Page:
More Search
We help universities engage with the public

Research on Show

< Back to all case studies


Who: The Museum of English Rural Life

What: To seek to capitalise on the expertise of the wider research community to give its temporary exhibitions increased relevance and depth.

Why: To invite a series of external researchers to ‘guest-curate’ exhibitions for its changing public programme.

Where: University of Sheffield, University of Sheffield Hallam, University of Reading

When: 2010-2012

Project Description

In a recent departure, the Museum of English Rural Life (MERL) has invited a series of external researchers to ‘guest-curate’ exhibitions for its changing public programme. The intention has been for the resultant displays to more accurately reflect current academic thinking, whilst providing the scholars involved with an opportunity to demonstrate direct and immediate impact.

To date, exhibitions developed according to this model have included the current Farming for the New Britain: Images of farmers in war and peace (Dr Clare Griffiths, University of Sheffield, 2010) and forthcoming Land Ladies: Woman and farming, 1900-1945 (Dr Nicola Verdon, University of Sheffield-Hallam, 2011). MERL is also looking closer to home and will be working with Dr Neil Cocks of the University of Reading to develop an exhibition centred on Ladybird artwork collections (2012).


The impetus behind these linked projects has been, in part, to attempt to reduce the amount of MERL staff time required to develop specialist content for its wide-ranging programme of exhibitions. By enlisting the assistance of subject-specialists it was hoped that the bulk of archival, bibliographic, photographic, and/or textual content might be more easily and readily identified.

With this in mind, the Museum has sought to invite academics who have already conducted extensive work on MERL’s wide-ranging archives. A further advantage was the ability to tap into high level and more detailed research, and to provide a better standard of exhibition content for MERL’s diverse audiences. An extension of this was to resituate MERL’s exhibition output within the framework and context of its role as a publically oriented service, operating as part of a major University and within an HE environment.

The other principal aim has been to provide academics with the opportunity to contribute towards programmes of public dissemination, both in terms of the exhibitions themselves and the broader suite of events associated with them. It was thought that this might offer a low-cost and high-visibility way for them to demonstrate the social impact of their research. With the Research Excellence Framework set to raise the importance of the impact agenda, it was seen as a way in which the Museum might be able to assist others within the wider academy in terms of meeting these new challenges.

Results and outcome

What worked well

Although this kind of model is still in the early stages, it has already delivered one high standard exhibition, comprising research content with a clear and obvious connection to current debates in rural history. The approach has begun to raise the bar in terms of the depth and detail that MERL staff might hope to incorporate into temporary exhibitions, whilst minimising the time they spend conducting (comparatively superficial) research to feed into such displays.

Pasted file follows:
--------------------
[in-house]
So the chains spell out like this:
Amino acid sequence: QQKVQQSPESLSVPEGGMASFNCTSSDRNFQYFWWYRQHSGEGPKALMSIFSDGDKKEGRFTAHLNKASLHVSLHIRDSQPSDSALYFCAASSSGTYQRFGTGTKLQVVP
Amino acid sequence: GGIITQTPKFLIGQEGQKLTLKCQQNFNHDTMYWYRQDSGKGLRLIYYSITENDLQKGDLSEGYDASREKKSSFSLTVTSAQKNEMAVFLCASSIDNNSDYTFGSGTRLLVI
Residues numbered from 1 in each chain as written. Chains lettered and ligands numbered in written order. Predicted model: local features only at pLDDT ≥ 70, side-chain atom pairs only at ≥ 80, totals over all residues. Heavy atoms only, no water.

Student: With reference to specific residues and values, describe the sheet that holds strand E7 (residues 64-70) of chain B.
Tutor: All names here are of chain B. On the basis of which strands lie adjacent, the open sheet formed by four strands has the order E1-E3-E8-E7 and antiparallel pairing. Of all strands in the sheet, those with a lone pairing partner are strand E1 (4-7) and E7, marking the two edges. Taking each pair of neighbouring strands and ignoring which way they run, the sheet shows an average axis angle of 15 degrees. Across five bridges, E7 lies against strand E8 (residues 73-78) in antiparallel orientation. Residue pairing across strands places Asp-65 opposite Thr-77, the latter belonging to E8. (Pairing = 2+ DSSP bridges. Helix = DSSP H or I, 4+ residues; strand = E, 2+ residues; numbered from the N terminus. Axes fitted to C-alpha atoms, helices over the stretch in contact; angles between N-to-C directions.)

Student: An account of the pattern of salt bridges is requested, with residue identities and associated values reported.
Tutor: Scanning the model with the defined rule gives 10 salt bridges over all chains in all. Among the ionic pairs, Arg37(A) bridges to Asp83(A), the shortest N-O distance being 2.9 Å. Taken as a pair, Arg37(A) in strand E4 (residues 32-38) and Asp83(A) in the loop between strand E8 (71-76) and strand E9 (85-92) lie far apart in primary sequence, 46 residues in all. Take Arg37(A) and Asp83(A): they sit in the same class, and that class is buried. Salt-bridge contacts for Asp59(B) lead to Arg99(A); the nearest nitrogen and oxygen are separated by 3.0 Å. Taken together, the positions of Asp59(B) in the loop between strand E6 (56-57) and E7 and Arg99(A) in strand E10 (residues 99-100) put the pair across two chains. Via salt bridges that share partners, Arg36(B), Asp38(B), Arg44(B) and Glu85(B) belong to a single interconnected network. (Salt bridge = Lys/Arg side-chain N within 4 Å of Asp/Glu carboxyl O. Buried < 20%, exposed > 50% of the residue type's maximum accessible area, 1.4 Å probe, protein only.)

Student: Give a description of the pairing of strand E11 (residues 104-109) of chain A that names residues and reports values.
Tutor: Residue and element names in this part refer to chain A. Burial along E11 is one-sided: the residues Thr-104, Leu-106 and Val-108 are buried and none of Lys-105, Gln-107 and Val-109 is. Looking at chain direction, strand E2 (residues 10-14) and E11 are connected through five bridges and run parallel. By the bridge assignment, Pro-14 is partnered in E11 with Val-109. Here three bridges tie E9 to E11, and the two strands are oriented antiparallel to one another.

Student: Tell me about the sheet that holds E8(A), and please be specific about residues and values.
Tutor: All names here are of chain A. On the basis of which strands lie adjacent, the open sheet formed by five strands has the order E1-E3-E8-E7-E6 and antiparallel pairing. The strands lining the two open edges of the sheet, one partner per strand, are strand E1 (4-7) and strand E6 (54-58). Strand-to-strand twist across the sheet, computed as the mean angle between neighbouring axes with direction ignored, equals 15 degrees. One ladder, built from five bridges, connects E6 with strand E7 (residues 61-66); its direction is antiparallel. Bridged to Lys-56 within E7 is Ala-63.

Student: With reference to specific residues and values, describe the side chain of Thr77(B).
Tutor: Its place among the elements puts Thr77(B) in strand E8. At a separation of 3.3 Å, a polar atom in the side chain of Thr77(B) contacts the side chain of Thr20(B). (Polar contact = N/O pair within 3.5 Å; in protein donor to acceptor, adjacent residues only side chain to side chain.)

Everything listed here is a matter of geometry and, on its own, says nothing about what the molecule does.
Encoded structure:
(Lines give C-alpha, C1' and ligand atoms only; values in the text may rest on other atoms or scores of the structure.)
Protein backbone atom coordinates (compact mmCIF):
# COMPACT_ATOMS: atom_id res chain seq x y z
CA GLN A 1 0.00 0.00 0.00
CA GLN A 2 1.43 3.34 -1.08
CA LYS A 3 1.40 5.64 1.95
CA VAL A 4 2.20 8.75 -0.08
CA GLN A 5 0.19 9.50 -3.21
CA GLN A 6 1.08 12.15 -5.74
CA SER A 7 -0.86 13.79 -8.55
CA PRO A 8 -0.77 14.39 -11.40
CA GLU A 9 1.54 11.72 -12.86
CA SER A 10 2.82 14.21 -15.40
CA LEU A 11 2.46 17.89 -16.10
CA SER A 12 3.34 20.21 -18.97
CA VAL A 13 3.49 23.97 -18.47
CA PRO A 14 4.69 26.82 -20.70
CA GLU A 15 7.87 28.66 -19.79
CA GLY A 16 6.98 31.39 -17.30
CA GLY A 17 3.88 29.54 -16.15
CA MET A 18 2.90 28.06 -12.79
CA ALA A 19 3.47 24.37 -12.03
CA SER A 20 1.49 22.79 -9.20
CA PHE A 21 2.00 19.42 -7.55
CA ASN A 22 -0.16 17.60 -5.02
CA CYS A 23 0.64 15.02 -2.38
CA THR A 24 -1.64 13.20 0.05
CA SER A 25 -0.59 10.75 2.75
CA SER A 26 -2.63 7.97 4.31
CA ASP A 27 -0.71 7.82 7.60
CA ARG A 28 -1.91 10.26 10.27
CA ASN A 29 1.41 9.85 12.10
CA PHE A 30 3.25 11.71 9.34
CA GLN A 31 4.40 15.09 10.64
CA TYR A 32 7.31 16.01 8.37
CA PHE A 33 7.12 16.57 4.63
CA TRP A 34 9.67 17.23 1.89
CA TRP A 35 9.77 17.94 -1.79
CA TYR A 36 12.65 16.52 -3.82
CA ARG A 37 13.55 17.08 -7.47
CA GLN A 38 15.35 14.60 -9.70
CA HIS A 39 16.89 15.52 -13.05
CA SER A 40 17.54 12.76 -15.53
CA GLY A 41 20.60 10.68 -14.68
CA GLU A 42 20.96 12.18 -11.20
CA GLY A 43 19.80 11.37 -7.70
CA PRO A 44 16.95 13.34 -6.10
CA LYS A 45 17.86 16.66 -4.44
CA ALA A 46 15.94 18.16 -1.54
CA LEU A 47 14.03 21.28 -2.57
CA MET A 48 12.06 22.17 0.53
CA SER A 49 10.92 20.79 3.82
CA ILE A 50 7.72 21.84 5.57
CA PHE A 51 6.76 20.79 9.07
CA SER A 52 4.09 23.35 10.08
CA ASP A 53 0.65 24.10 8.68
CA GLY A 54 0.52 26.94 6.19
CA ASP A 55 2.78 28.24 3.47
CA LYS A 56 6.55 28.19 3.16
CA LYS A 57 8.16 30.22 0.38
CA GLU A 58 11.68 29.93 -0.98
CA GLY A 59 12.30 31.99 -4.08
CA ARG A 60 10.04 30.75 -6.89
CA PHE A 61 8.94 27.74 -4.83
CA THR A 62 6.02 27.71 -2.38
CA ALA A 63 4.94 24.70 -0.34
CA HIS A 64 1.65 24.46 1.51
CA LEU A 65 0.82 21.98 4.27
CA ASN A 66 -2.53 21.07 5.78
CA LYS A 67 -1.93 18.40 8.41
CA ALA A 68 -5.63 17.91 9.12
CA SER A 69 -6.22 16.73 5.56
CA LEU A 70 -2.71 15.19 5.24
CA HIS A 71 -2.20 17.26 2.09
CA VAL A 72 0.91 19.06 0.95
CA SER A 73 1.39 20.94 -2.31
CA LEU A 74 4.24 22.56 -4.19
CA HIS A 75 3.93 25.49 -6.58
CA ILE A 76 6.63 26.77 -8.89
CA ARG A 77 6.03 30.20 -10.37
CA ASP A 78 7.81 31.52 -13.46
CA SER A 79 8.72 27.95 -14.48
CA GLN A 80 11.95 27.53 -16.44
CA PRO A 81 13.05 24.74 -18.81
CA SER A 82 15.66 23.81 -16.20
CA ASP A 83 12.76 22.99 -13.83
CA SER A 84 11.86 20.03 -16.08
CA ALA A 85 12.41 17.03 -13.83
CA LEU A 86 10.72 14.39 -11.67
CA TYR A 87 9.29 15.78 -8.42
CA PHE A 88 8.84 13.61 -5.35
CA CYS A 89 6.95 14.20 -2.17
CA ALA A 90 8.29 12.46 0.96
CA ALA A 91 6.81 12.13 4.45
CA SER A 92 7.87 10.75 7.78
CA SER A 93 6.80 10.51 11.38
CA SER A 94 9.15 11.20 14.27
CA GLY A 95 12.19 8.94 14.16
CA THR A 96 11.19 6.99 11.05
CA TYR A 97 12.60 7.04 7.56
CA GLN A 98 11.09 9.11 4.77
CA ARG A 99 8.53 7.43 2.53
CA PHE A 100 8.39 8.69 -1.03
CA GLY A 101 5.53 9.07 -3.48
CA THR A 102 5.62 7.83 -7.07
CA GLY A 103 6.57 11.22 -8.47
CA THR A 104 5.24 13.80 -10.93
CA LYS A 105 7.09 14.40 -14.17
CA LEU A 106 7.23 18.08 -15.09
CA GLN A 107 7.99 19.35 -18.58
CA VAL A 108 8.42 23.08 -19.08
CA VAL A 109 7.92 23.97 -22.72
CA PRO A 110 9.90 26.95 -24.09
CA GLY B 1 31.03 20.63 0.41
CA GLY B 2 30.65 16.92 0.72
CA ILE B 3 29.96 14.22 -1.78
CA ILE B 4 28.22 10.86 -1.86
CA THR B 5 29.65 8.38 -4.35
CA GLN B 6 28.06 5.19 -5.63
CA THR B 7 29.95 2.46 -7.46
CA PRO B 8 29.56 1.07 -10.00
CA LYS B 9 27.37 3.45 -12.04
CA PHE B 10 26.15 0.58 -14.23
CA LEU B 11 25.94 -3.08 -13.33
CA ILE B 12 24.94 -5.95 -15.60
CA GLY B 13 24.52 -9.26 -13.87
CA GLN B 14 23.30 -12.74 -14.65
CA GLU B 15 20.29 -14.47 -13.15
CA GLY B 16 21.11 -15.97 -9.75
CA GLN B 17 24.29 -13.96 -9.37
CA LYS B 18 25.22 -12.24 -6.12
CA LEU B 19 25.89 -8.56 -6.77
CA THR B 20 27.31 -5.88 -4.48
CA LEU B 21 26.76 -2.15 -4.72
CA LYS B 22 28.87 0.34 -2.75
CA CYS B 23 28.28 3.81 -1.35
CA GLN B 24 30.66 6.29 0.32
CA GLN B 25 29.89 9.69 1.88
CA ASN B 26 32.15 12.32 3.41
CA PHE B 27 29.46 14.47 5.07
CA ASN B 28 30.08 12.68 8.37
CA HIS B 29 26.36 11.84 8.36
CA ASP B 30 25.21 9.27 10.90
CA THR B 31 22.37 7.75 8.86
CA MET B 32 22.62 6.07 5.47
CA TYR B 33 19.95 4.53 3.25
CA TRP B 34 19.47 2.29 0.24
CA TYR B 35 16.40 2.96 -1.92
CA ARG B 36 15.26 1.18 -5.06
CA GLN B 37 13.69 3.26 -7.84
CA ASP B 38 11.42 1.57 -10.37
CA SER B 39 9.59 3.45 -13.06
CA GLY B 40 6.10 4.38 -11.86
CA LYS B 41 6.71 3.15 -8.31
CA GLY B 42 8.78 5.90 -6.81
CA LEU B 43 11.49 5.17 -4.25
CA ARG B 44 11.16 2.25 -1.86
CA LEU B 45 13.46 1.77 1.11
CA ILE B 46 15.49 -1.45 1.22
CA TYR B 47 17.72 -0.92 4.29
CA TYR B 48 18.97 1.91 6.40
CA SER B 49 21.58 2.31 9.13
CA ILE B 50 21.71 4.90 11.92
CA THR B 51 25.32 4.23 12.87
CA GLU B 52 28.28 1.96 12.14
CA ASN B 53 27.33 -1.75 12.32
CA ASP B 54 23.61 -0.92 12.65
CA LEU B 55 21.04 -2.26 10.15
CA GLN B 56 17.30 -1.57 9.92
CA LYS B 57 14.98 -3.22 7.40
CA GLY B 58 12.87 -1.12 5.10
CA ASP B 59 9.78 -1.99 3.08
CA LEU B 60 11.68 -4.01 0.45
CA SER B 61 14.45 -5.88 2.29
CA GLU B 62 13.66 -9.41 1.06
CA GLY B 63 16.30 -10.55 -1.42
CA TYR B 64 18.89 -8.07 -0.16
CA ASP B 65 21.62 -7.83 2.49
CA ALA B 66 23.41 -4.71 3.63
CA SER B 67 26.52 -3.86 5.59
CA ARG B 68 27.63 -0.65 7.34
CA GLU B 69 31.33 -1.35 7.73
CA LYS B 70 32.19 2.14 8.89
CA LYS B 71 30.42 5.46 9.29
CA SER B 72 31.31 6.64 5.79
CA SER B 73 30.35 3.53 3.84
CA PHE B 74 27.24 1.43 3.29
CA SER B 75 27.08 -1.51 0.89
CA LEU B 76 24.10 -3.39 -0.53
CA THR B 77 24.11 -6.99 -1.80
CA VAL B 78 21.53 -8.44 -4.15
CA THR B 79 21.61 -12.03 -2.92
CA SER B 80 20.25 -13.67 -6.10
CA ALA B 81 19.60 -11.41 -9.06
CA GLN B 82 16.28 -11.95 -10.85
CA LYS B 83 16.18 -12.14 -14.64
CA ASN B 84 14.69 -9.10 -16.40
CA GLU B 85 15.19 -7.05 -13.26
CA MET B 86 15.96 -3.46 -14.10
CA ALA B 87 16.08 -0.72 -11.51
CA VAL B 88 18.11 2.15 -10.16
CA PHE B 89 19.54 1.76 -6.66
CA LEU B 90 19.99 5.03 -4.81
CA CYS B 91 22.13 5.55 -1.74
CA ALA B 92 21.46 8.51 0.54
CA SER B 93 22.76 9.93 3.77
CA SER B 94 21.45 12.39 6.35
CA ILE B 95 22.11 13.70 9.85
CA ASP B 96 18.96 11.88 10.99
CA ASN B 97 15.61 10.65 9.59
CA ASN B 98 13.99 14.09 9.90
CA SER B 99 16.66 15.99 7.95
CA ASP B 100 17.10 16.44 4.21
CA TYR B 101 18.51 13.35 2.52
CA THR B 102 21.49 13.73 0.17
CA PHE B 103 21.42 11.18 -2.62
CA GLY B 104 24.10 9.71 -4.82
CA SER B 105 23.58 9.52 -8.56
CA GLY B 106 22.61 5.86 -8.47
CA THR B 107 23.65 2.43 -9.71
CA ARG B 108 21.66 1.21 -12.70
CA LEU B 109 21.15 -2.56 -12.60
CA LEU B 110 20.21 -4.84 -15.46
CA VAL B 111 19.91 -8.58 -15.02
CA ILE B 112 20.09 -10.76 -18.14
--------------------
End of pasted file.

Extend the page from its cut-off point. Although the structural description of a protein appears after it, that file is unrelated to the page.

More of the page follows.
What didn’t work well

Although time may have been saved in terms of the actual research and development of textual content for exhibitions, results so far suggest that more time than anticipated will be spent liaising with guest-curators and providing them with the support and guidance necessary to deliver the kind of exhibitions they hope to be able to provide. In addition, the projects have highlighted a relative paucity of interest in material culture amongst the wider rural history research community. Timescales and lead-in time have also proven challenging.

Resources required

  • MERL exhibition budget
  • Staff time
  • External guest-curator time

Top tips

  1. Turn the research process on its head: Rather than working from specific and detailed investigation to locate more general themes, start with general themes and seek to encourage academics to populate these concepts with detailed content
  2. Make material culture an exciting departure: Take academics on a tour of the stores, highlighting objects that might be of use or interest, and encouraging them to consider the place of artefactual evidence in the story their exhibitions seek to tell
  3. Don’t despair if it takes the same amount of time: It’s a learning curve on both sides of the partnership and the potential benefits are much, much more than simply reducing the time spent conducting exhibition research

Top quotes

"In choosing images to include in the exhibition we really were spoilt for choice. MERL has a wonderful collection of photographs covering every aspect of farming life, from quirky pictures taken at shows, to detailed studies of agricultural processes and beautiful landscapes." Dr Clare Griffiths

 "These collaborations offer an exciting new avenue for MERL. While the learning curve has been a rapid and steep one for all those involved, I think these projects will prove extremely worthwhile, both in terms of research impact and the delivery of a higher standard of public displays." Dr Ollie Douglas


Name: Dr Ollie Douglas

Name of organisation: Museum of English Rural Life


Telephone: 0118 378 8660